On my Facebook page, I linked to the article and tagged our Dean of Engineering, the Vice-Provost for Undergraduate Education, and the RPT Chair for our College, and asked, “Can we do this at Georgia Tech?” The pushback on my Facebook page was the longest thread I’ve ever been part of on Facebook.
The issues raised were interesting and worth discussing:
- Would implementing this put at a disadvantage new PhD’s who have no teaching experience and don’t learn about active teaching? Yes, but that incentivizes those PhD programs to change.
- My blog post title is “Be It Resolved: Teaching Statements must embrace Active Learning and eschew Lecture.” I chose the word “eschew” deliberately. It doesn’t mean “ban.” It means “deliberately avoid using” which is what I meant. Lecture has its place — I wrote a blog post defending lecture which still gets viewed pretty regularly. The empirical evidence suggests that we should use active learning more than lecture for undergraduate STEM education.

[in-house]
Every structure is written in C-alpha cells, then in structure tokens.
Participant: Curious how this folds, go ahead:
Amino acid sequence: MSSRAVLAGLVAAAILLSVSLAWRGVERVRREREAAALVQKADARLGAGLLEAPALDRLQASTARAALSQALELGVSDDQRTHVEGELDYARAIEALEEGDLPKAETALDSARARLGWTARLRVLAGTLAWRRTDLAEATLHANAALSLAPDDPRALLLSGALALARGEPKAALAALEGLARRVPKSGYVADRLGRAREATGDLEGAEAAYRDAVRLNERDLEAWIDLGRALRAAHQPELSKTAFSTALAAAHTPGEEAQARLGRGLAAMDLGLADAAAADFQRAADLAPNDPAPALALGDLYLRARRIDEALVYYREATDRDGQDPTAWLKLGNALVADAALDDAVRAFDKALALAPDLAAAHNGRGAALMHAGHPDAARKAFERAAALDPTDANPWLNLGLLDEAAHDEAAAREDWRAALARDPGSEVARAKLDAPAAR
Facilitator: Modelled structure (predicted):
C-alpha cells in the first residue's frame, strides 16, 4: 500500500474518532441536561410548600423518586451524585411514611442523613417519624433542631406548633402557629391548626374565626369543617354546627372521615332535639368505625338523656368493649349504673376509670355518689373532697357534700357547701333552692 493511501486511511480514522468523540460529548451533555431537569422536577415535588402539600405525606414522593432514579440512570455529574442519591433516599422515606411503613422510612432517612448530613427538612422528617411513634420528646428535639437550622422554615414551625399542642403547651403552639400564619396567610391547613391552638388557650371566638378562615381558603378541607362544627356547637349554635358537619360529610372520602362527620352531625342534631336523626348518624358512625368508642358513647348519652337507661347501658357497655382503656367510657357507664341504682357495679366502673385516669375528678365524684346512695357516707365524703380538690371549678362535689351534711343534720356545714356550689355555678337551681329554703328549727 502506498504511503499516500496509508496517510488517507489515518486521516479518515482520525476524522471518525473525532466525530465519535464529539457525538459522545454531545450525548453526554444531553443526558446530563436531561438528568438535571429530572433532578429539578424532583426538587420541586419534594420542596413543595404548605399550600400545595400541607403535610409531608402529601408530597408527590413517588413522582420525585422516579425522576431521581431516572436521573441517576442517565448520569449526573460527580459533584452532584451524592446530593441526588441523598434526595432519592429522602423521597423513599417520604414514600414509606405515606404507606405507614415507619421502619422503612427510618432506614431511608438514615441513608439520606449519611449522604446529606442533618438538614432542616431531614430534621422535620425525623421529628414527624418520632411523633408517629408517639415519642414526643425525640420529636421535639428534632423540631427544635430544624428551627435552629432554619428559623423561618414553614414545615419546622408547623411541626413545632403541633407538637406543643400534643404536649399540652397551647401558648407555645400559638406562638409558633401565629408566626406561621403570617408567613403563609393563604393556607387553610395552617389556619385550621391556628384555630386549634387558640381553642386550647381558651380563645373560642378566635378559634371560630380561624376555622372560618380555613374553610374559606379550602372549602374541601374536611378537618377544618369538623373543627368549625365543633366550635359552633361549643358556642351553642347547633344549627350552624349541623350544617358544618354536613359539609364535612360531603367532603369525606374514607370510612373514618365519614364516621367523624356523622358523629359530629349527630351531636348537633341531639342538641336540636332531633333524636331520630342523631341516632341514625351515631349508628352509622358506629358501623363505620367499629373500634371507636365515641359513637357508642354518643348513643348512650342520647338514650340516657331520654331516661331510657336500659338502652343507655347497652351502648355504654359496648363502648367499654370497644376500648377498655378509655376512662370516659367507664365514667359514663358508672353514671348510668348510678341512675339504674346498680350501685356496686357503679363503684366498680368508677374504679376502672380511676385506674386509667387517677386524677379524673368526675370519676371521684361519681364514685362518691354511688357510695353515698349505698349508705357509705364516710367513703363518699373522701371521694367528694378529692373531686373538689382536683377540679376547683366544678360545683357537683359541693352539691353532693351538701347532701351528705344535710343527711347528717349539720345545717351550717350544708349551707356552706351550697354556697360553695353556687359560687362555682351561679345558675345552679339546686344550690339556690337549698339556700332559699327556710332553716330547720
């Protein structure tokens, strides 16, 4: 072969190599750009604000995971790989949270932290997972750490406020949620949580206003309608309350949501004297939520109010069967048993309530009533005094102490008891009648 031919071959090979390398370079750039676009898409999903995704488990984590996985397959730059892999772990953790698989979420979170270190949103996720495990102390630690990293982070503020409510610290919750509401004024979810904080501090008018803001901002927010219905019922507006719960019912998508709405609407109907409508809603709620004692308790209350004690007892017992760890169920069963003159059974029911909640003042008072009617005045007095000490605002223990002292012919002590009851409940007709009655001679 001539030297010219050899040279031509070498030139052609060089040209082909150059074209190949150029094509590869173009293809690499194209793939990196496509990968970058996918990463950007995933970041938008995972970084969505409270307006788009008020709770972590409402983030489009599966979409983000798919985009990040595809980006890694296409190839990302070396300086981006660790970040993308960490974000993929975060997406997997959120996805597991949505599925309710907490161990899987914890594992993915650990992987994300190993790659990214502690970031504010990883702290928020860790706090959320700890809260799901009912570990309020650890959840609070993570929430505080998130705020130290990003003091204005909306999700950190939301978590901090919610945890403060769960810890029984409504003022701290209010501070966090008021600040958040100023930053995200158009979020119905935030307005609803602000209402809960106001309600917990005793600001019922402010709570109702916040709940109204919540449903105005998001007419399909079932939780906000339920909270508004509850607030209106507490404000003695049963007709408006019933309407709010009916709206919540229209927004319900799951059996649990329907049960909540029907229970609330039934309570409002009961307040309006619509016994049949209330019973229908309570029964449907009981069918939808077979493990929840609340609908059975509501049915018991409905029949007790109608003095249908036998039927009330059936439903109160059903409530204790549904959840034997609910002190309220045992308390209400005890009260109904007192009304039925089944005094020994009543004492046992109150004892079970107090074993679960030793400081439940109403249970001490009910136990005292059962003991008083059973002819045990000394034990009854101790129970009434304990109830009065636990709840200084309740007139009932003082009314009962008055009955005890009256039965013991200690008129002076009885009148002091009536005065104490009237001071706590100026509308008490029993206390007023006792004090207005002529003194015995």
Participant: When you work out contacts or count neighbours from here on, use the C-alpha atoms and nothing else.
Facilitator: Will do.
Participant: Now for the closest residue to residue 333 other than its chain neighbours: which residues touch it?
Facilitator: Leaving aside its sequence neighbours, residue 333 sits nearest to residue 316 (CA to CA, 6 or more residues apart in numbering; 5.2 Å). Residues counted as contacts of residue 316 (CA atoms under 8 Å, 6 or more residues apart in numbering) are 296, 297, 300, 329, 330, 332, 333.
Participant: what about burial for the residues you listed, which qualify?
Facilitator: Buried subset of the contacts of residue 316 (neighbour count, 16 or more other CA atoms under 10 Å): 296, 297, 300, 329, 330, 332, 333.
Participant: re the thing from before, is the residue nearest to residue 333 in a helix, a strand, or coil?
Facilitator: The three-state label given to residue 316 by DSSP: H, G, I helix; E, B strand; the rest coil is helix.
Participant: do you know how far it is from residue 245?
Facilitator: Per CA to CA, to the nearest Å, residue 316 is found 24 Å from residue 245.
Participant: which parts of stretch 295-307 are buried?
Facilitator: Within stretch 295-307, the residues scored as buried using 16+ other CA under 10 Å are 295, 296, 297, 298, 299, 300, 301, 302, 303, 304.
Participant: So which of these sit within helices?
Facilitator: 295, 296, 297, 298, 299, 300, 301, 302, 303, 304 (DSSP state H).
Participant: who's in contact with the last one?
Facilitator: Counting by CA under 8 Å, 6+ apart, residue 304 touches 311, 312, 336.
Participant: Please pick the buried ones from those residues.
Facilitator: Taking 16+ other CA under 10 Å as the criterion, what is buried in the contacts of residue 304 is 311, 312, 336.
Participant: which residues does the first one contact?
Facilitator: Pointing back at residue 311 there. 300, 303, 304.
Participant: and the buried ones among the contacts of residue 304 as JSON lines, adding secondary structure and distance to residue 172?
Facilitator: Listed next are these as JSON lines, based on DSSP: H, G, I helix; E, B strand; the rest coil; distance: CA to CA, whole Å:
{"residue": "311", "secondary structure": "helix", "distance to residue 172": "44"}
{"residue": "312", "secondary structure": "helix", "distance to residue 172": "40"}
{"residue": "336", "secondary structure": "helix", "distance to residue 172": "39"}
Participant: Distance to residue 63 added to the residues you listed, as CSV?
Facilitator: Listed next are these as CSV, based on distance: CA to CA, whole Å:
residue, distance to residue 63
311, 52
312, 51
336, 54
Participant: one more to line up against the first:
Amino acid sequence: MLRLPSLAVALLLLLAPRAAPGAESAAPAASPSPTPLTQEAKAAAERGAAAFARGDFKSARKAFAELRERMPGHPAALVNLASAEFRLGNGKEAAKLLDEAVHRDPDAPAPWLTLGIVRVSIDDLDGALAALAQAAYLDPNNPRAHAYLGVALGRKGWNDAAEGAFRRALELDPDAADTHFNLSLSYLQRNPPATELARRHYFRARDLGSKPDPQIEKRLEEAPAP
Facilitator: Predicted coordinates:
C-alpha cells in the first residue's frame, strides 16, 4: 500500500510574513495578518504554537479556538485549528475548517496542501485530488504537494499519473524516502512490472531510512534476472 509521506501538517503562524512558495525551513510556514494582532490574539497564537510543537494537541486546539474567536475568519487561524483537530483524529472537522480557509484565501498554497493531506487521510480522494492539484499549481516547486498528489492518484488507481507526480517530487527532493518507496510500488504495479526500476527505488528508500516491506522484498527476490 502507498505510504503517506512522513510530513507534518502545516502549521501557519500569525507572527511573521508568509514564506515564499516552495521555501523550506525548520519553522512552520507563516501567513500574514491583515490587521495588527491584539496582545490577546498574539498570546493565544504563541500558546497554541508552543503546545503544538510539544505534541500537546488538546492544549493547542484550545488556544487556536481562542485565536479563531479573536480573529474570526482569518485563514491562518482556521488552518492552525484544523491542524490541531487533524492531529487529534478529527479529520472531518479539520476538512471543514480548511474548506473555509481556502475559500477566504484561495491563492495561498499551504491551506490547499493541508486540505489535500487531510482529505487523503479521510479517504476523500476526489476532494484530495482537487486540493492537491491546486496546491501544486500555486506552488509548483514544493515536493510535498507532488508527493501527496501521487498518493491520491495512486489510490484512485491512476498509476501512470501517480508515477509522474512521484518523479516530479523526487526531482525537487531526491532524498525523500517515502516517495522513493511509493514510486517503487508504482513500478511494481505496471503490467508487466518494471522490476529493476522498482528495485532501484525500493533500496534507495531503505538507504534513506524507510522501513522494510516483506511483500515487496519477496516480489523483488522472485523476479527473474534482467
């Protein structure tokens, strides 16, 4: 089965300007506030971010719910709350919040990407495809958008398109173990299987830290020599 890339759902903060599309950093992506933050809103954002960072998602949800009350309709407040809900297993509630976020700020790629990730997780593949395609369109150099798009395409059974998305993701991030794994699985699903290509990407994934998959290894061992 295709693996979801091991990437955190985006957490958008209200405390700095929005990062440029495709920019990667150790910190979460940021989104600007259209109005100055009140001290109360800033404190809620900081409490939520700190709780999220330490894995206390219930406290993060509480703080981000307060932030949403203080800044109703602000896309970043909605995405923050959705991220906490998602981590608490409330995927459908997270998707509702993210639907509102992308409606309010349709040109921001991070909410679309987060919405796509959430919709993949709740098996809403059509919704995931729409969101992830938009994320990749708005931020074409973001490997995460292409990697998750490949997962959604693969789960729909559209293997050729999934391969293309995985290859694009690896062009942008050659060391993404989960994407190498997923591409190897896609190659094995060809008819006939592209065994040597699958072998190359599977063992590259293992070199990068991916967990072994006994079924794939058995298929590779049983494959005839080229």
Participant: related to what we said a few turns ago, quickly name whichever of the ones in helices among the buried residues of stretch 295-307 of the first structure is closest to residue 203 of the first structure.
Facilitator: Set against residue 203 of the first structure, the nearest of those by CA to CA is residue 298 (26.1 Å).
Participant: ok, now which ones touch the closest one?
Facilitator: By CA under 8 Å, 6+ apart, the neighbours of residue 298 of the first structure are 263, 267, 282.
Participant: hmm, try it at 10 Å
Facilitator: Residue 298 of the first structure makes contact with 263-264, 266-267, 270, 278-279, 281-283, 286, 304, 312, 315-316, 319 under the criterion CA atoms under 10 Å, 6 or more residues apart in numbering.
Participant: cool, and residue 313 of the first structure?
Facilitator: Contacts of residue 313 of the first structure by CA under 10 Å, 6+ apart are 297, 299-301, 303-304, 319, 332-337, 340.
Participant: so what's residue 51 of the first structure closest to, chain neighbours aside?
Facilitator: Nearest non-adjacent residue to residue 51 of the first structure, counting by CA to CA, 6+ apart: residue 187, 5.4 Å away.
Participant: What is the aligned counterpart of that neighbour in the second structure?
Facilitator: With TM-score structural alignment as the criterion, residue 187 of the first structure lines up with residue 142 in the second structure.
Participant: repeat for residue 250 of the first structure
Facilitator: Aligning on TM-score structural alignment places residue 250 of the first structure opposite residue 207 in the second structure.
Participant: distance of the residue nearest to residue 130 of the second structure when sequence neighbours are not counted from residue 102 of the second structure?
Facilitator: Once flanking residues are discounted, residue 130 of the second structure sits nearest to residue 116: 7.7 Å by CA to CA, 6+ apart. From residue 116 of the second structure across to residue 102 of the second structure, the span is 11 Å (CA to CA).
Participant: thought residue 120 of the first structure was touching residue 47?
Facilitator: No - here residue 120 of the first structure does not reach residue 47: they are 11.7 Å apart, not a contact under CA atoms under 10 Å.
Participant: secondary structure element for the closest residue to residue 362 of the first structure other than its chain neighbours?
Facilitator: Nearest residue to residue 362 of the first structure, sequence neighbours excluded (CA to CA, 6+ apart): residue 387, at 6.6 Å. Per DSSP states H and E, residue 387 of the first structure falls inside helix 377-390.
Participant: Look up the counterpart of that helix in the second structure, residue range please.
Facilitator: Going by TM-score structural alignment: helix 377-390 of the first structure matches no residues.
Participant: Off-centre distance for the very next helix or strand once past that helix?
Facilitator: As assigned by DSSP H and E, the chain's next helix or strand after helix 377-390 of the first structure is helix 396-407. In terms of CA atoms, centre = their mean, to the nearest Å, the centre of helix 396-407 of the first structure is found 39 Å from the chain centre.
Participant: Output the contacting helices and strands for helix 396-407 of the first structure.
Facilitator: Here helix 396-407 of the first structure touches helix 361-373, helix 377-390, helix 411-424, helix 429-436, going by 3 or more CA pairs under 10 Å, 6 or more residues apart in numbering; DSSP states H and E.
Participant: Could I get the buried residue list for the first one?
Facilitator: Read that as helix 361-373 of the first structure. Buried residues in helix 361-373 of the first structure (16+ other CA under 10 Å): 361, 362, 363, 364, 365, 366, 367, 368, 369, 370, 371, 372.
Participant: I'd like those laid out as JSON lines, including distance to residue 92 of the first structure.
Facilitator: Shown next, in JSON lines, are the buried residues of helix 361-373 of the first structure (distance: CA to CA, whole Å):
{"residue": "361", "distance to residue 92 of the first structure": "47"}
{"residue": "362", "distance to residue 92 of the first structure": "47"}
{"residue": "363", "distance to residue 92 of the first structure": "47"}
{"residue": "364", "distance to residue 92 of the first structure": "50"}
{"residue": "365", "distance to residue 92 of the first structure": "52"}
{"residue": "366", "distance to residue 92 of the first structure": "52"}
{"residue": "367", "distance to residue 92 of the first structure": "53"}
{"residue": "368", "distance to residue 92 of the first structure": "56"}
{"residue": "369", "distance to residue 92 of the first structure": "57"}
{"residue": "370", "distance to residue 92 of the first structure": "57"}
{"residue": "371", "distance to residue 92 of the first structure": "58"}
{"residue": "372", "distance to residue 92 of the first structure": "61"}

- Should such a requirement for teaching statements emerge from faculty talking about it, or should it be done by administrative fiat? I lean toward the latter. As I’ve pointed out, CS faculty tend to respond to authority more than evidence. The administration should do the right thing, and deal with educating teachers (e.g., what are active learning methods first? how do we use them? even in large classes?) later. Faculty will learn the active learning methods in order to create those teaching statements. The incentive comes first.
- Lots of respondents thought I was saying that we should require all teaching to be active learning. I wasn’t, and I don’t know how to enforce that anyway. By evaluating teaching statements more heavily that emphasize active learning, we create an incentive, not a requirement.